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How does your hearing impact your risk of dementia?

Study shows hearing aids can reduce the risk of cognitive decline.

CLEVELAND — Nearly 38 million Americans suffer hearing issues, but many don't know it.

"It's very difficult to tell how your hearing is progressing and when you're losing your hearing oftentimes people don't know that's happening," said Sarah Sydlowski, AUD, PhD. Audiology Director of the Hearing Implant Program at the Cleveland Clinic.

A review of several studies released in December showed that hearing may impact your risk of dementia.

"When you're not hearing as well as you should be when people don't have stimulation, they tend to withdraw, they don't participate in conversations as much. They don't attend things in complicated listening environments and so they're not using their nerve and their brain in the same way," Dr. Sydlowski said.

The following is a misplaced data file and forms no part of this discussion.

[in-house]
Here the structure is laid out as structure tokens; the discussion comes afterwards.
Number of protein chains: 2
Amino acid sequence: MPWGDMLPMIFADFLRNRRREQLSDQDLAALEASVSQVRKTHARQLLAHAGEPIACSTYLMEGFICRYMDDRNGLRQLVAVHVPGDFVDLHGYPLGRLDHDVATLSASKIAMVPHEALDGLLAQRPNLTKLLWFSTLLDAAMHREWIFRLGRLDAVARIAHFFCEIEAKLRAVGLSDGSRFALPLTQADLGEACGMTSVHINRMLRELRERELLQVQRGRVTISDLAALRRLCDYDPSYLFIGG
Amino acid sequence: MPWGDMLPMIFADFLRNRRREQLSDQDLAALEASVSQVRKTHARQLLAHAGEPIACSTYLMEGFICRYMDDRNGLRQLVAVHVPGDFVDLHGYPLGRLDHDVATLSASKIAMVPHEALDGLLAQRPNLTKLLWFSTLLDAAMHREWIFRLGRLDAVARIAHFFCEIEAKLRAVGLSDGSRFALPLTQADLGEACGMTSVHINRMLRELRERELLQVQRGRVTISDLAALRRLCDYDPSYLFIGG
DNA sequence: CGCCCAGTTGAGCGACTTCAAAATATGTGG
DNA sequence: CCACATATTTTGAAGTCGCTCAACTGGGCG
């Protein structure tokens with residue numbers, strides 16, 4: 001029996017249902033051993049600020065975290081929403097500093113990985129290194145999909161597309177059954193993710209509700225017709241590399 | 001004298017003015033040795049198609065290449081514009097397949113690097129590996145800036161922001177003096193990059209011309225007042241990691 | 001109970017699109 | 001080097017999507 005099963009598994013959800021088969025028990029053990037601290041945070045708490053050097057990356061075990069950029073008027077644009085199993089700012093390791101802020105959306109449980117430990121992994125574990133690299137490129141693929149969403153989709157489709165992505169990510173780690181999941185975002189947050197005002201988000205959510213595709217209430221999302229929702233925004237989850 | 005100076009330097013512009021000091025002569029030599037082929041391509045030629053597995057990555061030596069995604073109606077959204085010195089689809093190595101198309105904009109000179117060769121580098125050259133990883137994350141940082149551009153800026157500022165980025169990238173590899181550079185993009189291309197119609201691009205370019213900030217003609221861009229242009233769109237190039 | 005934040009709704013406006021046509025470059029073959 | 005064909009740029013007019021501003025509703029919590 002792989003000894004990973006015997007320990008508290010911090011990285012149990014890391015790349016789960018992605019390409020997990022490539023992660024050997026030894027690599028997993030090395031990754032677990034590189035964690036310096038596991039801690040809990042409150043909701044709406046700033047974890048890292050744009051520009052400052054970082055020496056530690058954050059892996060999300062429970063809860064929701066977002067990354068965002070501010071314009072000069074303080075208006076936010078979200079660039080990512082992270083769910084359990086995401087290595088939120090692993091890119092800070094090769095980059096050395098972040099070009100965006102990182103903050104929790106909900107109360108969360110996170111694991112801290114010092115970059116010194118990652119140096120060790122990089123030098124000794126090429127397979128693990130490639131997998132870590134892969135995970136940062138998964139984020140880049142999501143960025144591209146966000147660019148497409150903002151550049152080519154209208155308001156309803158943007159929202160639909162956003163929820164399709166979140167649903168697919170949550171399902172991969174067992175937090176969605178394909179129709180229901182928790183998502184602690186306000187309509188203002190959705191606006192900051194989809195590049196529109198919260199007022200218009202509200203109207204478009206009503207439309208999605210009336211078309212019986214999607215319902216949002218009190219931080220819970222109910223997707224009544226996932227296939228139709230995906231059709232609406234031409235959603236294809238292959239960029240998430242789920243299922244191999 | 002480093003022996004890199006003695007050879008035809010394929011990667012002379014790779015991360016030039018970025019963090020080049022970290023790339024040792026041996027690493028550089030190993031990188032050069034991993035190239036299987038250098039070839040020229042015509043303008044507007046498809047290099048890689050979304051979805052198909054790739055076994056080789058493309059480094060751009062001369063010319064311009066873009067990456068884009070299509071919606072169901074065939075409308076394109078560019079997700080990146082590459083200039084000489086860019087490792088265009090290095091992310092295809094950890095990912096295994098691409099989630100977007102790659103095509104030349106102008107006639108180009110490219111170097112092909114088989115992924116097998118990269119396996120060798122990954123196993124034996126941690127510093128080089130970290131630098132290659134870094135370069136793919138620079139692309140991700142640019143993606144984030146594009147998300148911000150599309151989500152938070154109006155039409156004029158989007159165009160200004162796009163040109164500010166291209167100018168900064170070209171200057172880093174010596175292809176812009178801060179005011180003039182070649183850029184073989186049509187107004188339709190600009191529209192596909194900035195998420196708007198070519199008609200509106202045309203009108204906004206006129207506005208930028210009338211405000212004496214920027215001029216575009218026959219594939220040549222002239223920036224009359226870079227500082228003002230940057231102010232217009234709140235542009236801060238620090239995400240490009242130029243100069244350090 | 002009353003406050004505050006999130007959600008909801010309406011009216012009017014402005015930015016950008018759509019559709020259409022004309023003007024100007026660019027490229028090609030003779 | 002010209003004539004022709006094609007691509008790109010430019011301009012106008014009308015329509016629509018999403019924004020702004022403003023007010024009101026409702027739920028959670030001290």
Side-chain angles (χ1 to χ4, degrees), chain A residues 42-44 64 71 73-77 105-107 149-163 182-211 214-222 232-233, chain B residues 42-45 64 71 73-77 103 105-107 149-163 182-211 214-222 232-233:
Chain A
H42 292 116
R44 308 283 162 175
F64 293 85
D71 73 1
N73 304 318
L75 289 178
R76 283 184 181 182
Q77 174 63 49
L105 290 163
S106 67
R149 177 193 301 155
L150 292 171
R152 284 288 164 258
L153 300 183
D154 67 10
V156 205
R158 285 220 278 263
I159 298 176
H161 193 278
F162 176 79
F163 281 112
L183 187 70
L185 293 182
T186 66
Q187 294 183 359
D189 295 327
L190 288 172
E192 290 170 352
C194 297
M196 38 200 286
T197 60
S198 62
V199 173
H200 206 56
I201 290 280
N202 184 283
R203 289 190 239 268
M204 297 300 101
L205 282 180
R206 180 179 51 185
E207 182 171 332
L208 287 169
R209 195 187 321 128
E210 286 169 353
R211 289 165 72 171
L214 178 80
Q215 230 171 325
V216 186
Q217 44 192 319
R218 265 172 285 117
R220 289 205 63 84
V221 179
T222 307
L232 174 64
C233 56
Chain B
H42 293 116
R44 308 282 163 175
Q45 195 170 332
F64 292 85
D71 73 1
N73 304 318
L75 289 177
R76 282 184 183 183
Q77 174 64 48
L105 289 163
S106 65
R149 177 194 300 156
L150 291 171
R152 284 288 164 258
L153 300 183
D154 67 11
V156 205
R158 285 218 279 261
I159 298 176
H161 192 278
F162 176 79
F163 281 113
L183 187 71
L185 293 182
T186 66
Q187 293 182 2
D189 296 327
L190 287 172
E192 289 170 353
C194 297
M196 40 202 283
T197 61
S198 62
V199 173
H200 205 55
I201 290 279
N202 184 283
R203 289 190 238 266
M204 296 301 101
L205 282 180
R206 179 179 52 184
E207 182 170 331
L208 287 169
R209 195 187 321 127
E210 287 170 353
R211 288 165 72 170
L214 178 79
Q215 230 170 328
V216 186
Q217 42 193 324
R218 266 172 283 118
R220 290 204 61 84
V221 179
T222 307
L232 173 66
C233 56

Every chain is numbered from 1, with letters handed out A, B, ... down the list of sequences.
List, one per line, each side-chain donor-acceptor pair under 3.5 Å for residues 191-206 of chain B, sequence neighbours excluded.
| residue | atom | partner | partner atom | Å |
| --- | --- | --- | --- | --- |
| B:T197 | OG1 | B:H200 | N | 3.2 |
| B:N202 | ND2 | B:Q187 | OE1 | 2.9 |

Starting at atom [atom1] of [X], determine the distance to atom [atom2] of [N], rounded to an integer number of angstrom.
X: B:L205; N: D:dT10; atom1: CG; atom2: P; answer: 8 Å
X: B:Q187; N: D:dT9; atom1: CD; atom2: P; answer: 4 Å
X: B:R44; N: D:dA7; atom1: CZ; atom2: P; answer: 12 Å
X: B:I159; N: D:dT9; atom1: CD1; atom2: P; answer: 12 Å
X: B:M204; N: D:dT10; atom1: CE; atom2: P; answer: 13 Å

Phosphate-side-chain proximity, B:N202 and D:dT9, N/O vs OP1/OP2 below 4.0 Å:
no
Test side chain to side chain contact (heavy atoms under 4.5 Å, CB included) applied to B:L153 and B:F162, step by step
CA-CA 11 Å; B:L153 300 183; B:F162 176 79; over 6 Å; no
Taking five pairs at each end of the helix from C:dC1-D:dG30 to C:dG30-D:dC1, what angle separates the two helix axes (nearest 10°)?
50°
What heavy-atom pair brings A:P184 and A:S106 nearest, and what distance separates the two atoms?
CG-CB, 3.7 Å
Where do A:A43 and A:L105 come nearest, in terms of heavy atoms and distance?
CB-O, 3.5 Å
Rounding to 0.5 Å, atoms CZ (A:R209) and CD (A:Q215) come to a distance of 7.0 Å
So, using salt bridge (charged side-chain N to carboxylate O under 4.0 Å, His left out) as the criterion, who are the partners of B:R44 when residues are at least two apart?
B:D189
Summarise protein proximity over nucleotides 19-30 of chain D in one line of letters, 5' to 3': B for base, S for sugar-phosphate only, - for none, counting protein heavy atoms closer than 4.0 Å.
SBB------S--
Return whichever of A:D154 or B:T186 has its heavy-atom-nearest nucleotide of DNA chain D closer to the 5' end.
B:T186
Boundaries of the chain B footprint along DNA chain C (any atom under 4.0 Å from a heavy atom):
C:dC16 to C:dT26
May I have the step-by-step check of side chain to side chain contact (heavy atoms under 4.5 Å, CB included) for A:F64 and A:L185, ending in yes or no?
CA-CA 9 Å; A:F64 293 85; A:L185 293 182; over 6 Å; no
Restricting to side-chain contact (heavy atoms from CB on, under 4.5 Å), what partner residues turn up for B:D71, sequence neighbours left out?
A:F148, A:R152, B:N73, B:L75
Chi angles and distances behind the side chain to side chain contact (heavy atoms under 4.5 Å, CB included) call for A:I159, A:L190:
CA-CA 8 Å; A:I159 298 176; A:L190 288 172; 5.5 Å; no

The study showed those who used hearing aids had a 19% decreased risk of cognitive decline.

Hearing aids are now available over the counter, which may help those with mild to moderate hearing loss. But if you're concerned about your risks, you should see an expert.

"Hearing is absolutely essential for our health if you have any question about the status of your hearing, get your hearing checked, if you're fifty and you've never had your hearing checked it's time," Dr. Sydlowski said.

While prescribed hearing aids can be more pricey, they're also custom fit for your ears. Not the one-size-fits-all you can get over the counter.

"It's important that you have the right treatment, the best treatment and an audiologist is the best equipped to help you make that connection,"

Hearing issues can arise from a variety of reasons, such as aging, chronic disease, loud noises and even sleeping with earbuds.

Formal hearing tests are also covered by Medicare and should be a must for those who want to be proactive in combatting dementia in later years.

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